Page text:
For more information on the COVID-19 related tax credits for paid leave, including leave taken by employees due to the closure of schools and child care centers, see: An Employers Step-by-Step Guide to COVID-19 Related Tax Credits for Paid Leave.

During the Q&A section of the governor’s press conference, employers were encouraged to “phase in” vulnerable employees, meaning employees age 65 or older, or employees with underlying health conditions that make them “high risk” if exposed to COVID-19.  Such a phased approach, however, must be thoughtful to avoid age and disability discrimination claims by employees who want to return to work.

When recalling employees, consider a return-to-work communication that outlines all the steps you are taking to comply with the Department of Health’s safety protocols. Require employees to contact their Human Resources representative before returning to work if they have COVID-19 symptoms or have been diagnosed as having COVID-19. Additionally, encourage employees to contact HR if they have an underlying medical condition or other facts that make them high risk if exposed to COVID-19. Depending on the circumstances and the underlying health condition, there may be an obligation to provide such high-risk employees a reasonable accommodation, including a leave of absence, under state and federal disability laws.

The expansion of unemployment compensation benefits remains intact for those eligible individuals who are requested by a medical professional, local health authority, or employer to be isolated or quarantined as a consequence of COVID-19, even if they are not actually diagnosed with COVID-19.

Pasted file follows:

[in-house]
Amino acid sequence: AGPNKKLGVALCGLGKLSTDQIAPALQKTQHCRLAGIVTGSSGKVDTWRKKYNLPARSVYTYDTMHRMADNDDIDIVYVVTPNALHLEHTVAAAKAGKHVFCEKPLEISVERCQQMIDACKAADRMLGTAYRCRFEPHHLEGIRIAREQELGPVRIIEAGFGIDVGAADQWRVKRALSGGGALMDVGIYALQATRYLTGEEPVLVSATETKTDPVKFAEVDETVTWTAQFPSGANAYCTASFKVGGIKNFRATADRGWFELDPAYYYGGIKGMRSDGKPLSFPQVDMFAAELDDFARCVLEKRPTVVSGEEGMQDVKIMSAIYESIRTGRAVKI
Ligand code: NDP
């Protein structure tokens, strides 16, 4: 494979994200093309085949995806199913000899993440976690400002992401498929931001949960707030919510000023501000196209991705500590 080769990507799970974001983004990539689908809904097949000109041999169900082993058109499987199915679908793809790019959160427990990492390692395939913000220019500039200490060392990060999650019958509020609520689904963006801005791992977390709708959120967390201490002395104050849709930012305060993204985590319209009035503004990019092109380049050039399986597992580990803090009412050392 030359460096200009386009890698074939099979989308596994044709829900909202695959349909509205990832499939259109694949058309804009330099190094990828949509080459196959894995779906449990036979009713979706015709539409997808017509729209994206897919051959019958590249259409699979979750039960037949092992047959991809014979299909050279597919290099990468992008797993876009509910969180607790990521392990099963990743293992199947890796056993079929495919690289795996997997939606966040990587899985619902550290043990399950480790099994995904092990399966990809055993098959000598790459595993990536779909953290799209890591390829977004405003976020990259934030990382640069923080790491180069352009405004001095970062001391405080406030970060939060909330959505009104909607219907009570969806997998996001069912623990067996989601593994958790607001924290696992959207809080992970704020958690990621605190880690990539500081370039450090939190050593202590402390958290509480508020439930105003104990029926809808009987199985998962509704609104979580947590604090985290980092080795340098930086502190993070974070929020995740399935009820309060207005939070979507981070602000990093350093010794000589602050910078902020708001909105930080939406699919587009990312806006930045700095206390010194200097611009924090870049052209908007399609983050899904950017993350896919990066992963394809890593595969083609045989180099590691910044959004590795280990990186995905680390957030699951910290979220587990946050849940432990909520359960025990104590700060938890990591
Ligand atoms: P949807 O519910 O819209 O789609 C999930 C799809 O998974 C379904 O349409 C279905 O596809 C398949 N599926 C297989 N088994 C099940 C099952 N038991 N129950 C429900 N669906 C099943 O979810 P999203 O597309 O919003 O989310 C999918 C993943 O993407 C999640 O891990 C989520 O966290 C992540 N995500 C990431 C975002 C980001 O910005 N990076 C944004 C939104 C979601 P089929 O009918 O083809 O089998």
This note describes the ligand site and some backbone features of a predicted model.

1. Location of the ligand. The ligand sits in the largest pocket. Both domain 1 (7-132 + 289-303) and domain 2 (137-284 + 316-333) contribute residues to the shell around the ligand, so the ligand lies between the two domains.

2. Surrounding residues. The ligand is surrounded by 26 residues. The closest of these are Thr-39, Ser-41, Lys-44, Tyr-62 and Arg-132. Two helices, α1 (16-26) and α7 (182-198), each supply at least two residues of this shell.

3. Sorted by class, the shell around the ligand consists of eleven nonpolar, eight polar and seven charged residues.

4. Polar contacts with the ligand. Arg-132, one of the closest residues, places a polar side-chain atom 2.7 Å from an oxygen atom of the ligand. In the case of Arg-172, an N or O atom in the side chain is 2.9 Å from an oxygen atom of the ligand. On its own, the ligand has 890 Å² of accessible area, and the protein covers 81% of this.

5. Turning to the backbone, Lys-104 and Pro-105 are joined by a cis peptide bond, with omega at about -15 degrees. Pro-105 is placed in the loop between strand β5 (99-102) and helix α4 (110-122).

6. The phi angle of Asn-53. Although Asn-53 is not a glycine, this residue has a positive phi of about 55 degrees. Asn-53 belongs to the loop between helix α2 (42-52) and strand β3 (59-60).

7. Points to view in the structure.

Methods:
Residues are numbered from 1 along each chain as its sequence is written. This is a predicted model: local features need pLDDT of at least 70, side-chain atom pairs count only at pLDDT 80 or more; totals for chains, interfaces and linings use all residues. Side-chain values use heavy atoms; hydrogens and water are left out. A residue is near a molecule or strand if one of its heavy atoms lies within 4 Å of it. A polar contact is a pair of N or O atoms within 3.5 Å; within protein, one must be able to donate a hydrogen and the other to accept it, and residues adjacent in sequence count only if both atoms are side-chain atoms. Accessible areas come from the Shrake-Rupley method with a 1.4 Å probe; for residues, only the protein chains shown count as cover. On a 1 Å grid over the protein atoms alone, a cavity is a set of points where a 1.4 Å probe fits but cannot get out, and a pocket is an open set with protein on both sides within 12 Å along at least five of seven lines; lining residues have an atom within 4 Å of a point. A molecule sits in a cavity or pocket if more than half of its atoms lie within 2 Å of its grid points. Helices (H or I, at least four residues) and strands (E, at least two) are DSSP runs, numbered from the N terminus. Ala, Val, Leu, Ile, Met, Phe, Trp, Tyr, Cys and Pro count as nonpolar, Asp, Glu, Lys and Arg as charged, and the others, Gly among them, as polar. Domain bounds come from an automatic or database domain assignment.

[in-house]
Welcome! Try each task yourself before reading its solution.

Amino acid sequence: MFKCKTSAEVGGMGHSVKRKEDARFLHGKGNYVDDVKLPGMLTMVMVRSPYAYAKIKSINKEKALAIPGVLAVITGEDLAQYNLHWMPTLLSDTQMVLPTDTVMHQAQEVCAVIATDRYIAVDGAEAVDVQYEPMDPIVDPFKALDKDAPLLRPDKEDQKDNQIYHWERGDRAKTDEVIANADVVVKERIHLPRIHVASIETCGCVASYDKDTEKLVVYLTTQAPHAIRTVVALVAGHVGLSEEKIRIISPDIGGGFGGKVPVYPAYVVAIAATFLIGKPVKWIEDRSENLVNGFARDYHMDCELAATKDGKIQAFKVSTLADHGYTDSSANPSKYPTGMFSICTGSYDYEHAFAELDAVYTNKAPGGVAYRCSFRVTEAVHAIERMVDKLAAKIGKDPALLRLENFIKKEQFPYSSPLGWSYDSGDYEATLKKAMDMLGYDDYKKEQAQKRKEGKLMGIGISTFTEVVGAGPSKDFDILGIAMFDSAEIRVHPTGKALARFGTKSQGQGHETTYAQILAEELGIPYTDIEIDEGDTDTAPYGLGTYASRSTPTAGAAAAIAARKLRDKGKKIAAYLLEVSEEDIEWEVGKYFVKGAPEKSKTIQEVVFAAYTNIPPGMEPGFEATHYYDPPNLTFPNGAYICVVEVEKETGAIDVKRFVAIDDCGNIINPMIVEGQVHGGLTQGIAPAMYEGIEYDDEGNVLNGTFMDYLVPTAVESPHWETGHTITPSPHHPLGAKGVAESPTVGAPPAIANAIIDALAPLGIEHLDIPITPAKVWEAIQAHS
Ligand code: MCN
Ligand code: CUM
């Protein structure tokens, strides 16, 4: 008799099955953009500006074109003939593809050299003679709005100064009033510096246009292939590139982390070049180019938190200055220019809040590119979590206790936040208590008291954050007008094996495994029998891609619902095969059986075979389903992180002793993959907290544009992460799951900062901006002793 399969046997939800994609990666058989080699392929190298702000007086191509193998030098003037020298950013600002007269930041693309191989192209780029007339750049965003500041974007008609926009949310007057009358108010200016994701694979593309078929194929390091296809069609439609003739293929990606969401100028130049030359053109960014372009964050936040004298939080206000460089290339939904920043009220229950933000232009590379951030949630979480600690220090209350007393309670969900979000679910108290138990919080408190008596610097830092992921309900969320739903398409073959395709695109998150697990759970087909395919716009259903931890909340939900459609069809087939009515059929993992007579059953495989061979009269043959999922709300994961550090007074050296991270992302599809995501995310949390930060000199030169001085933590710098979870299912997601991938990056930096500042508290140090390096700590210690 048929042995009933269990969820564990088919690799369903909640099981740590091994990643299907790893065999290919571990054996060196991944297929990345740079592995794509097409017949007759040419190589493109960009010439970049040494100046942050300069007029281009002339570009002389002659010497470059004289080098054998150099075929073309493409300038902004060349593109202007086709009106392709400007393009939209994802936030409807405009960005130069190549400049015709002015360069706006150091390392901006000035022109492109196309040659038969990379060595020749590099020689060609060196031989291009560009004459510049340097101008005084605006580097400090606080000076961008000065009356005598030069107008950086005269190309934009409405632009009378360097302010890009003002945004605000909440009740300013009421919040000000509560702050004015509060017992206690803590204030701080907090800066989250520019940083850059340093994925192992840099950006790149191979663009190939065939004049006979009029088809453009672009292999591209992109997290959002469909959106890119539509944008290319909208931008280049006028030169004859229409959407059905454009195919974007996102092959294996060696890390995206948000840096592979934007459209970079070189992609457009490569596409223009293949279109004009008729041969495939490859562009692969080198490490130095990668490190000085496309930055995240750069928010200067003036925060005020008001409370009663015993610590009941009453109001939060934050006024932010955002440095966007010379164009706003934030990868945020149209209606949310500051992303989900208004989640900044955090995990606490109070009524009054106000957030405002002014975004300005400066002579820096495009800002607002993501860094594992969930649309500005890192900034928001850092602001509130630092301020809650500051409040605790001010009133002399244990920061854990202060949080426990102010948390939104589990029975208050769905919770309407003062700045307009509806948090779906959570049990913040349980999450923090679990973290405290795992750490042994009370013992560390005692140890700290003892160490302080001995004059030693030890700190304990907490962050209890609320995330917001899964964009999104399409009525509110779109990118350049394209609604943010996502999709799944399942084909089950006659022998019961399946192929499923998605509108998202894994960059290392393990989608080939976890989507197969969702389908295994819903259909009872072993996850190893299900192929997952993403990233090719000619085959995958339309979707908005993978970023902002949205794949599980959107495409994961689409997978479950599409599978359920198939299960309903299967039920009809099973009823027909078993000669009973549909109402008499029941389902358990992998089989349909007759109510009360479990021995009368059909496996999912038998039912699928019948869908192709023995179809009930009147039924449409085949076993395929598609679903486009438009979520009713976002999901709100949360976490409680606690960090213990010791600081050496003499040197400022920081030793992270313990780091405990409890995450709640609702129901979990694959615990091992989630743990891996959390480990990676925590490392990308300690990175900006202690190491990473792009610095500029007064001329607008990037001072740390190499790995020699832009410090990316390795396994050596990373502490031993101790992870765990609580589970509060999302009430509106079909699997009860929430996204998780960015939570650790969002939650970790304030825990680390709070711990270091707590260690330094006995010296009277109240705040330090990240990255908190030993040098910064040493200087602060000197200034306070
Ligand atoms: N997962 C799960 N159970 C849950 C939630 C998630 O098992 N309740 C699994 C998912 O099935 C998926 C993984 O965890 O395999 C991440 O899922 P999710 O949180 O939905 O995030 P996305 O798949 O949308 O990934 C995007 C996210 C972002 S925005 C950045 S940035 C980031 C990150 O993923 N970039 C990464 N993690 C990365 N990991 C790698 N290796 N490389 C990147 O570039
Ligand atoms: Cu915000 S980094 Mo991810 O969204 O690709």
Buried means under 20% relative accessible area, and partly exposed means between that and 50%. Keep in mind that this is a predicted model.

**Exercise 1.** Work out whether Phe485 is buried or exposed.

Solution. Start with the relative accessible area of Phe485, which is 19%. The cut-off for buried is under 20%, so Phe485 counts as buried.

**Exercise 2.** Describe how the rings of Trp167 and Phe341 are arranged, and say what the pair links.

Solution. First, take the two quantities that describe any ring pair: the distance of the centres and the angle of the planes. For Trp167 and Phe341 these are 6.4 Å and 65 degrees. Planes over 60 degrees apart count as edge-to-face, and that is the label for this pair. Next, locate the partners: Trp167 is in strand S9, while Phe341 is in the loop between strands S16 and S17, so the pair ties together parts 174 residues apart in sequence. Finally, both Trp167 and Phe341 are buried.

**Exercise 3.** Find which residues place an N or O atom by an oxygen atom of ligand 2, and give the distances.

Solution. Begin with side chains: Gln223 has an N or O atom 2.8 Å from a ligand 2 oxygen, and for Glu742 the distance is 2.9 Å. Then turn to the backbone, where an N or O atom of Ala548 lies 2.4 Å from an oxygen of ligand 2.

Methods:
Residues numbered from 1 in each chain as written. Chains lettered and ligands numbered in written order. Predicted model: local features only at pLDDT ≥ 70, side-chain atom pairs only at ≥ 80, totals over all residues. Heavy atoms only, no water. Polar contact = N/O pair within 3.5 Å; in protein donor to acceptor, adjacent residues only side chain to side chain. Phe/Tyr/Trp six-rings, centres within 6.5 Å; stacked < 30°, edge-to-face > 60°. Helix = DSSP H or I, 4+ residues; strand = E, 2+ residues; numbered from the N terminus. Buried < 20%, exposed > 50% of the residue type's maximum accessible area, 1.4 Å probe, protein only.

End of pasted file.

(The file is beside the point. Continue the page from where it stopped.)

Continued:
Additional Resources

As you begin the process of reopening, you should also familiarize yourself with our alert: 5 Steps To Reopen Your Workplace, According To CDC’s Latest Guidance. You should also keep handy our 4-Step Plan For Handling Confirmed COVID-19 Cases When Your Business Reopens in the event you learn of a positive case at your workplace. For a more thorough analysis of the many issues you may encounter from a labor and employment perspective, we recommend you review our FP BEYOND THE CURVE: Post-Pandemic Back-To-Business FAQs For Employers and our FP Resource Center For Employers.


Fisher Phillips will continue to monitor the rapidly developing COVID-19 situation and provide updates as appropriate. Make sure you are subscribed to Fisher Phillips’ Alert System to get the most up-to-date information. For further information, contact your Fisher Phillips attorney, any attorney in our Cleveland or Columbus offices, or any member of our Post-Pandemic Strategy Group Roster.

This Legal Alert provides an overview of a specific state law. It is not intended to be, and should not be construed as, legal advice for any particular fact situation.